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U.S. v. ARNAOUT

United States District Court, Northern District of Illinois, Eastern Division


January 2, 2003

UNITED STATES OF AMERICA, PLAINTIFF,
V.
ENAAM M. ARNAOUT, DEFENDANT.

The opinion of the court was delivered by: Suzanne B. Conlon, United States District Judge.

AMENDED MEMORANDUM OPINION AND ORDER

Enaam M. Arnaout, a naturalized American citizen born in Syria, has been chief executive officer of Benevolence International Foundation ("BIF") since 1993. BIF is purportedly an international charitable organization with offices in Palos Hills, Illinois, as well as other locations throughout the world. In Count One, Arnaout is charged with conducting the affairs of BIF through a pattern of racketeering activity, under 18 U.S.C. § 1962 (d), that included mail fraud, wire fraud, obstruction of justice, money laundering and providing material support to organizations engaged in violent activities, all in violation of United States law. Arnaout and his co-conspirators allegedly attempted to provide material support and resources to groups known as al Qaeda, Hezb e Islami, the Sudanese Popular Defense Force,*fn1 and others engaged in violent confrontations in BosniaHerzegovina, Chechnya, and neighboring regions, and the Sudan. Overt acts in furtherance of the conspiracy were allegedly committed within the jurisdiction of the United States. Arnaout allegedly knew and intended that the recipients of BIF aid would use those benefits in a conspiracy to kill, kidnap, maim or injure persons in a foreign country, in violation of 18 U.S.C. § 956 (a)(1) and 2339A.

Arnaout is charged in Count Two with conspiring to provide material support and resources to al Qaeda, Hezb e Islami, and others engaged in violent confrontations in the Sudan, BosniaHerzegovina, Chechnya, and neighboring regions. He allegedly conspired to conceal and disguise the nature, location, source and ownership of material support and resources he furnished, knowing and intending this aid would be used in a conspiracy to kill, kidnap, maim or injure persons in a foreign country, in violation of 18 U.S.C. § 956 (a)(1) and 2339A.

The foregoing portions of Count One, and Count Two in its entirety, are the subject of Arnaout's motion to dismiss.*fn2 Arnaout contends alleged recipients of BIF aid were lawful combatants [or soldiers], whose actions during armed conflict with legitimate military targets are privileged from prosecution under the Geneva Conventions. According to Arnaout, the status of purported BIF beneficiaries as lawful combatants protects them from prosecution for acts of war, such as killing, maiming, kidnaping and injuring the enemy. Because BIF aid recipients' conduct during war was not unlawful under the Geneva Conventions, Arnaout argues their lawful conduct cannot support charges of conspiracy to murder, kidnap and maim under 18 U.S.C. § 956 (a)(1). He concludes that as a matter of law, the government cannot establish that material support was provided to groups or persons engaged in violent conflicts within the purview of 18 U.S.C. § 2339A.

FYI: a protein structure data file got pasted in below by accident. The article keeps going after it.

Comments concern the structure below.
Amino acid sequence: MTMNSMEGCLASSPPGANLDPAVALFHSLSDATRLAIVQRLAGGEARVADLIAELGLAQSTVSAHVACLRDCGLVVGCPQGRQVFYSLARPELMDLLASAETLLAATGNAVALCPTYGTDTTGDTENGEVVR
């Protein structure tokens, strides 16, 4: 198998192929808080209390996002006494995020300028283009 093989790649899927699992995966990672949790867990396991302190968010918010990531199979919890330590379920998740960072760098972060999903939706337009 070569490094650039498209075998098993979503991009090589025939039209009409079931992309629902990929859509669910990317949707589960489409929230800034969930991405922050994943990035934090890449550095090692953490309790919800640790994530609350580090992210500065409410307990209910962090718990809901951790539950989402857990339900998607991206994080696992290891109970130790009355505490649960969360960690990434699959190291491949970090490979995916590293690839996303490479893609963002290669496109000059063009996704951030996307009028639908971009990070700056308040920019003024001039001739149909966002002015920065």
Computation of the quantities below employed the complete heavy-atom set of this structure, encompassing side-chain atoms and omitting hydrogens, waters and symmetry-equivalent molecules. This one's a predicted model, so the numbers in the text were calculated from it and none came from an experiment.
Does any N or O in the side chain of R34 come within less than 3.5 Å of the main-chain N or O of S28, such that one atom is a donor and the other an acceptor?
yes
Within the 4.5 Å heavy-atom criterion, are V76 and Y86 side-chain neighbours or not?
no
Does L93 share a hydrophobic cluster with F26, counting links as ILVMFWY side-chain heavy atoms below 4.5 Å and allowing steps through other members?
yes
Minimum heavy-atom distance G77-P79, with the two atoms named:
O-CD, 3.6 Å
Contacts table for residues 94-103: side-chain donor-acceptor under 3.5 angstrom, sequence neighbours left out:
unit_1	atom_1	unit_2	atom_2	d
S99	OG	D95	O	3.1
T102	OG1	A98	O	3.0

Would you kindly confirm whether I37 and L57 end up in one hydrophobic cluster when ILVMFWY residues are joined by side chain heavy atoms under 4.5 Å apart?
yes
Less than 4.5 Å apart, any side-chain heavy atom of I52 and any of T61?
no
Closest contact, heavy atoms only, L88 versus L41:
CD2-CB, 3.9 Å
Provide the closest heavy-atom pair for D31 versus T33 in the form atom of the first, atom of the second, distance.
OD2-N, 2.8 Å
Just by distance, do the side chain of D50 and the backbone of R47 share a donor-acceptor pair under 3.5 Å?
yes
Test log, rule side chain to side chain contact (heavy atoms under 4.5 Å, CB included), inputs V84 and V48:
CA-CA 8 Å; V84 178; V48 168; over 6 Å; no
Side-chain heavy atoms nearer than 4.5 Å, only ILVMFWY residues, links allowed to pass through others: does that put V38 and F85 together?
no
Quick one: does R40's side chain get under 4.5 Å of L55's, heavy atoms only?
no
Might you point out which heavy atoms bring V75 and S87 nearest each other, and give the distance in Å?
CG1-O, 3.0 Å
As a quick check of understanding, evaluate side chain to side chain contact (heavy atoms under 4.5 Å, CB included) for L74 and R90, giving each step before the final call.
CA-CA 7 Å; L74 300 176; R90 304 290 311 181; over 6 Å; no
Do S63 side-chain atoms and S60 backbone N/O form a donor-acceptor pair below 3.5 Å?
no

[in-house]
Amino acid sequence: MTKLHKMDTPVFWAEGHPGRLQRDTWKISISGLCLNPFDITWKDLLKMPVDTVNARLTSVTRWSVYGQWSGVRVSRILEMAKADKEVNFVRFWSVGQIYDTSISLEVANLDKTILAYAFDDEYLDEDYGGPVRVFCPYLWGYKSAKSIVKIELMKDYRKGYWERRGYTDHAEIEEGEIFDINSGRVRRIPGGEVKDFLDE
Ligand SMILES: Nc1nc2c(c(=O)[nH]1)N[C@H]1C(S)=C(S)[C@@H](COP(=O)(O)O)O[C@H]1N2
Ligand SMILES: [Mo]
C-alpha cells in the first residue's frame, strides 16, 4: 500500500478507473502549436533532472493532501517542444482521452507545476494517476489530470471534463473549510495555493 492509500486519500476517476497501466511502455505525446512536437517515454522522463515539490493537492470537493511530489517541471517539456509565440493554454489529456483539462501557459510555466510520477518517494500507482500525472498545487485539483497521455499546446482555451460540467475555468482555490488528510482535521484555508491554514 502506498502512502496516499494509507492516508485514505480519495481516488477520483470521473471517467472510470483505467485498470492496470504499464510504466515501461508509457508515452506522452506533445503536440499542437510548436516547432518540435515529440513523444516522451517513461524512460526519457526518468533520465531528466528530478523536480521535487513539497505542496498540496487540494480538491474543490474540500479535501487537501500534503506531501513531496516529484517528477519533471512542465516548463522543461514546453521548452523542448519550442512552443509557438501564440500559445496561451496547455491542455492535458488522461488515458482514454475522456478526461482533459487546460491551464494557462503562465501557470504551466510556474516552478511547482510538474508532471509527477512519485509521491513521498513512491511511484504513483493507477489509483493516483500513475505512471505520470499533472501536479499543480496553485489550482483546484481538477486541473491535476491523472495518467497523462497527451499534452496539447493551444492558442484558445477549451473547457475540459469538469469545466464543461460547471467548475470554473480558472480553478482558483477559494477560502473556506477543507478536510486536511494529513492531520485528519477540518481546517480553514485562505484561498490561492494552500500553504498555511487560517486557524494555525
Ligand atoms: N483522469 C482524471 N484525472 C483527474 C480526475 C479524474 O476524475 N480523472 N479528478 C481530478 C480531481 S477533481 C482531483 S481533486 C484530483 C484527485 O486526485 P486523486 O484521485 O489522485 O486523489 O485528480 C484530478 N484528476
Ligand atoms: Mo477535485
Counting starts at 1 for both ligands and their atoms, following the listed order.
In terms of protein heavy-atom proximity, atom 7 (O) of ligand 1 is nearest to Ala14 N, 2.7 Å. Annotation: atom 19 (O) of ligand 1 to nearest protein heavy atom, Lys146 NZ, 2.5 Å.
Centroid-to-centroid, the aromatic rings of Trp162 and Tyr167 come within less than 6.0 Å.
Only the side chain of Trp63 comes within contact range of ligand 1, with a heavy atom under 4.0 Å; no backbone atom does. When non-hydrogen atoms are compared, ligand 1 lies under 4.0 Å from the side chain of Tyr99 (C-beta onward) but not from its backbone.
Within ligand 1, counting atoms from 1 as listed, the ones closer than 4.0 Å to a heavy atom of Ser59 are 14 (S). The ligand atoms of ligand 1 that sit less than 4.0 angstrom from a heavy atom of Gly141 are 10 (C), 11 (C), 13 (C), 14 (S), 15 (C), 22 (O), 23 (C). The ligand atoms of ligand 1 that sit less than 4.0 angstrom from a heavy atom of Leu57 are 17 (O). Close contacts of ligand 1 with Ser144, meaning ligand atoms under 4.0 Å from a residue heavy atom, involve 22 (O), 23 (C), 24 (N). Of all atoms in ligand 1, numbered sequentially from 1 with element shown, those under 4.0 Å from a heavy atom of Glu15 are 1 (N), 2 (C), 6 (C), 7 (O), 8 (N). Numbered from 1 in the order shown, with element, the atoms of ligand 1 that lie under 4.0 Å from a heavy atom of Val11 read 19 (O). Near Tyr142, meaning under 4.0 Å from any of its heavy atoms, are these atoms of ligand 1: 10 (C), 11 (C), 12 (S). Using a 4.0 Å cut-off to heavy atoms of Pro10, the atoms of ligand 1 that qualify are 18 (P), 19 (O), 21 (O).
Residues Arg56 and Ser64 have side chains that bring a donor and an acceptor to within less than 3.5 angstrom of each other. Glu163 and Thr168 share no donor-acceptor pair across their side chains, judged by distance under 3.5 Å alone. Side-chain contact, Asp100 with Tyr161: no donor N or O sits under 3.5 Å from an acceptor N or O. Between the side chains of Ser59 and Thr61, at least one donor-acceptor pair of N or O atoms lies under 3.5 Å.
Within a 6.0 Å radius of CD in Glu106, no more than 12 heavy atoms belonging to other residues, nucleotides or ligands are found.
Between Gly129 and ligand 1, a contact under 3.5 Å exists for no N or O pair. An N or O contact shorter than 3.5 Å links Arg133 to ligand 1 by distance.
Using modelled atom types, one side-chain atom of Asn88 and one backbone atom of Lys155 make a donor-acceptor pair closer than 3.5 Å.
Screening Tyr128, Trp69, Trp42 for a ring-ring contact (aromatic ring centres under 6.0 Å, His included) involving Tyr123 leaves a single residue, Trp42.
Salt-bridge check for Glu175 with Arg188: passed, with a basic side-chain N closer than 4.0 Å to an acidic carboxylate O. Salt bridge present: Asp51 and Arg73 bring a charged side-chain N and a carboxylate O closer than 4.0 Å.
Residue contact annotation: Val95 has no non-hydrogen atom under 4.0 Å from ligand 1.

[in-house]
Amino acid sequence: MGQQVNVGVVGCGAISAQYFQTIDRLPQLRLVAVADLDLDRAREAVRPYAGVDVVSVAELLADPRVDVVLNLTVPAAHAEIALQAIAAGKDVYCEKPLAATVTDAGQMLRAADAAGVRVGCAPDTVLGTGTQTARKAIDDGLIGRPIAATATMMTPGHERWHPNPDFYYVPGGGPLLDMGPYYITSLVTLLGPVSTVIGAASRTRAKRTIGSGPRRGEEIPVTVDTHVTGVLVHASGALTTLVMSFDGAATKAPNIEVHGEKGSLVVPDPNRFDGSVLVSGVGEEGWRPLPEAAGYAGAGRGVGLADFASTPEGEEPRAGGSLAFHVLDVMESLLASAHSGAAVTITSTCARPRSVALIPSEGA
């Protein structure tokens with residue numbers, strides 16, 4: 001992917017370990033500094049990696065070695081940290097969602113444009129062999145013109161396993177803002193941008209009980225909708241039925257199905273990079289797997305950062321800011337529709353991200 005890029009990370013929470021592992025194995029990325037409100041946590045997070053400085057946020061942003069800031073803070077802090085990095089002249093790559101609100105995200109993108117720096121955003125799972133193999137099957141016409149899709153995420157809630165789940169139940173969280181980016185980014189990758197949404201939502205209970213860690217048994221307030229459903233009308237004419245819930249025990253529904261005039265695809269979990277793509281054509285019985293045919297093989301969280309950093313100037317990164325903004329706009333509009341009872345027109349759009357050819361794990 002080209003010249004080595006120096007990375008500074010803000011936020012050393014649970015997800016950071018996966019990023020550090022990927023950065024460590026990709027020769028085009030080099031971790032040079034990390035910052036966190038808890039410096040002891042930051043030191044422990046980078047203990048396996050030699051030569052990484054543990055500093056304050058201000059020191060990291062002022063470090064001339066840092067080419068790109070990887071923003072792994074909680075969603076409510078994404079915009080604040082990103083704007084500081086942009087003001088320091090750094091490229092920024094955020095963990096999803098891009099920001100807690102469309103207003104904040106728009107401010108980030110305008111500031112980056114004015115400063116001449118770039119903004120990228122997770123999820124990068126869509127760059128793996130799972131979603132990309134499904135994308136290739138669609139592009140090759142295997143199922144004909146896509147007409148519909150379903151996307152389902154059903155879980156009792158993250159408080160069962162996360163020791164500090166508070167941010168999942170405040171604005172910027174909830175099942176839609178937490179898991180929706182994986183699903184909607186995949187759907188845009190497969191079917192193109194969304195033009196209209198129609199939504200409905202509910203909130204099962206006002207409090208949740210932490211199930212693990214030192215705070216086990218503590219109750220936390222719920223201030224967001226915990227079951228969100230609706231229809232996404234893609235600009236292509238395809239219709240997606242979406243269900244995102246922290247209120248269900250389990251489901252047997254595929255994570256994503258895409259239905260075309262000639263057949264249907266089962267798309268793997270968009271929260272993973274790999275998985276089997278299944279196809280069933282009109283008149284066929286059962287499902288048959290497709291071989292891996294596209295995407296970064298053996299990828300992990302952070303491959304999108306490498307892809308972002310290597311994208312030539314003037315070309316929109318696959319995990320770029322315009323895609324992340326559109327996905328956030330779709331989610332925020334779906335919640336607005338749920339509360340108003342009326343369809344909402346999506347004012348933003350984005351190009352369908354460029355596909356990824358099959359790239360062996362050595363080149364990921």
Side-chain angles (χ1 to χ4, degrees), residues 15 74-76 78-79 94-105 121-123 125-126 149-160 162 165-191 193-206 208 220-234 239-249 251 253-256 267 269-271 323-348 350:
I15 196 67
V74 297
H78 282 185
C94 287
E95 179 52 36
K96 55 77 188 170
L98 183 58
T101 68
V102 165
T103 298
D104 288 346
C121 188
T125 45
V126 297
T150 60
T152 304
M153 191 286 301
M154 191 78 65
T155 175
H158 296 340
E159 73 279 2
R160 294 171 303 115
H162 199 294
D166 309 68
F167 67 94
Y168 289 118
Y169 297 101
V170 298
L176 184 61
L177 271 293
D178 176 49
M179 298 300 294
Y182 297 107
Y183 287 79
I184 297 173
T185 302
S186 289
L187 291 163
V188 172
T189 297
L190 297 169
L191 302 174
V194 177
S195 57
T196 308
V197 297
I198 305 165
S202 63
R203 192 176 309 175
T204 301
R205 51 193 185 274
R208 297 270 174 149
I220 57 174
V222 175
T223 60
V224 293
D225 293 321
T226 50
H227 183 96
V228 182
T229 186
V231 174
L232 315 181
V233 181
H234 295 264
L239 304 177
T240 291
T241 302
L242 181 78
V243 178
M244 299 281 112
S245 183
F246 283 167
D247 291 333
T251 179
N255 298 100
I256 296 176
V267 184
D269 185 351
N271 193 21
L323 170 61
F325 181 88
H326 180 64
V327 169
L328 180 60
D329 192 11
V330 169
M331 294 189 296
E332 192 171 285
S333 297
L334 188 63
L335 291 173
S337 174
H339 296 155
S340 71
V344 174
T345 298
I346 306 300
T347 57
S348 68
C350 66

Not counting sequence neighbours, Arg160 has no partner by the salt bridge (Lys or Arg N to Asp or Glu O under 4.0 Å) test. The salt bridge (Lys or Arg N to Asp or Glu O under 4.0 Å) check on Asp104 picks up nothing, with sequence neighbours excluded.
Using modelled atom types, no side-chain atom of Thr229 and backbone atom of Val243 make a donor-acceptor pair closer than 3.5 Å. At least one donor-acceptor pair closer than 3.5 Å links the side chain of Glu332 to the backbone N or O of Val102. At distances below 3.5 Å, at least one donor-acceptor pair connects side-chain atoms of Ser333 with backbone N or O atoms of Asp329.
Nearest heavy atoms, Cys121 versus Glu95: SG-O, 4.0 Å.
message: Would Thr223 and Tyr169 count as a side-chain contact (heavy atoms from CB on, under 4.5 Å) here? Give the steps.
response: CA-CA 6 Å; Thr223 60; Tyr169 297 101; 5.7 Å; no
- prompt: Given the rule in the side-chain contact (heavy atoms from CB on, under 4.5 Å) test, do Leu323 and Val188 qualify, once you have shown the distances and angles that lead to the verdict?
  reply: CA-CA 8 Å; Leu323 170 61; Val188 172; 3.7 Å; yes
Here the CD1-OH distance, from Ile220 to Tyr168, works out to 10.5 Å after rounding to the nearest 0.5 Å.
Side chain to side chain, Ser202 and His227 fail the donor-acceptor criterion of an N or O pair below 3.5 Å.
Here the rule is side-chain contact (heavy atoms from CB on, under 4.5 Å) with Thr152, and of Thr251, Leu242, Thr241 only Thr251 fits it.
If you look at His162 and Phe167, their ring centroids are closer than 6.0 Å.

Arnaout ignores the court's obligation to accept all well-pleaded allegations of the indictment as true for purposes of a motion to dismiss. Boyce Motor Lines v. United States, 342 U.S. 337, 343 n. 16 (1951). Applying that standard, allegations that Arnaout conspired to provide material support and resources to al Qaeda, Hezb e Islami, the Sudanese Popular Defense Force, and others engaged in violent confrontations must be viewed as true. The allegations of the indictment support a reasonable inference that the intended recipients of BIF aid were terrorists who do not fall under the protection of the Geneva Conventions.

Nor has Arnaout established that al Qaeda, Hezb e Islami and the Sudanese Popular Defense Force were lawful combatants privileged against prosecution for conspiracy to murder, kidnap, maim and injure others in Chechnya, Bosnia-Herzegovina, and the Sudan. Arnaout has made no showing whatsoever that al Qaeda, Hezb e Islami, and the Sudanese Popular Defense Force meet the criteria for lawful combatant status: (1) hierarchical military structure; (2) distinctive military uniforms or emblems recognizable at a distance; (3) combatants carry arms openly; and (4) operations are conducted in accordance with the laws and customs of war. United States v. Lindh, 212 F. Supp.2d 541, 557 (E.D.Va. 2002) (citing, inter alia, Geneva Convention Relative to the Treatment of Prisoners of War, Aug. 12, 1949, 6 U.S.T. 3316, 75 U.N.T.S. 135, art. 4(A)(2)). "[A]ll armed forces or militias, regular and irregular, must meet the four criteria if their members are to receive combatant immunity." Id. at 557 n. 35.

CONCLUSION

Viewing the allegations of the indictment as true, Counts One and Two sufficiently allege that Arnaout conspired to supply material support and benefits to al Qaeda, Hezb e Islami, and the Sudanese Popular Defense Force, and others engaged in violent confrontations involving murder, kidnaping, maiming and injury in Chechnya, Bosnia-Herzcgovina, and neighboring regions, and the Sudan, in violation of United States law. Arnaout has failed to establish as a matter of law that the lawful combatant privilege extends to alleged recipients of his aid.


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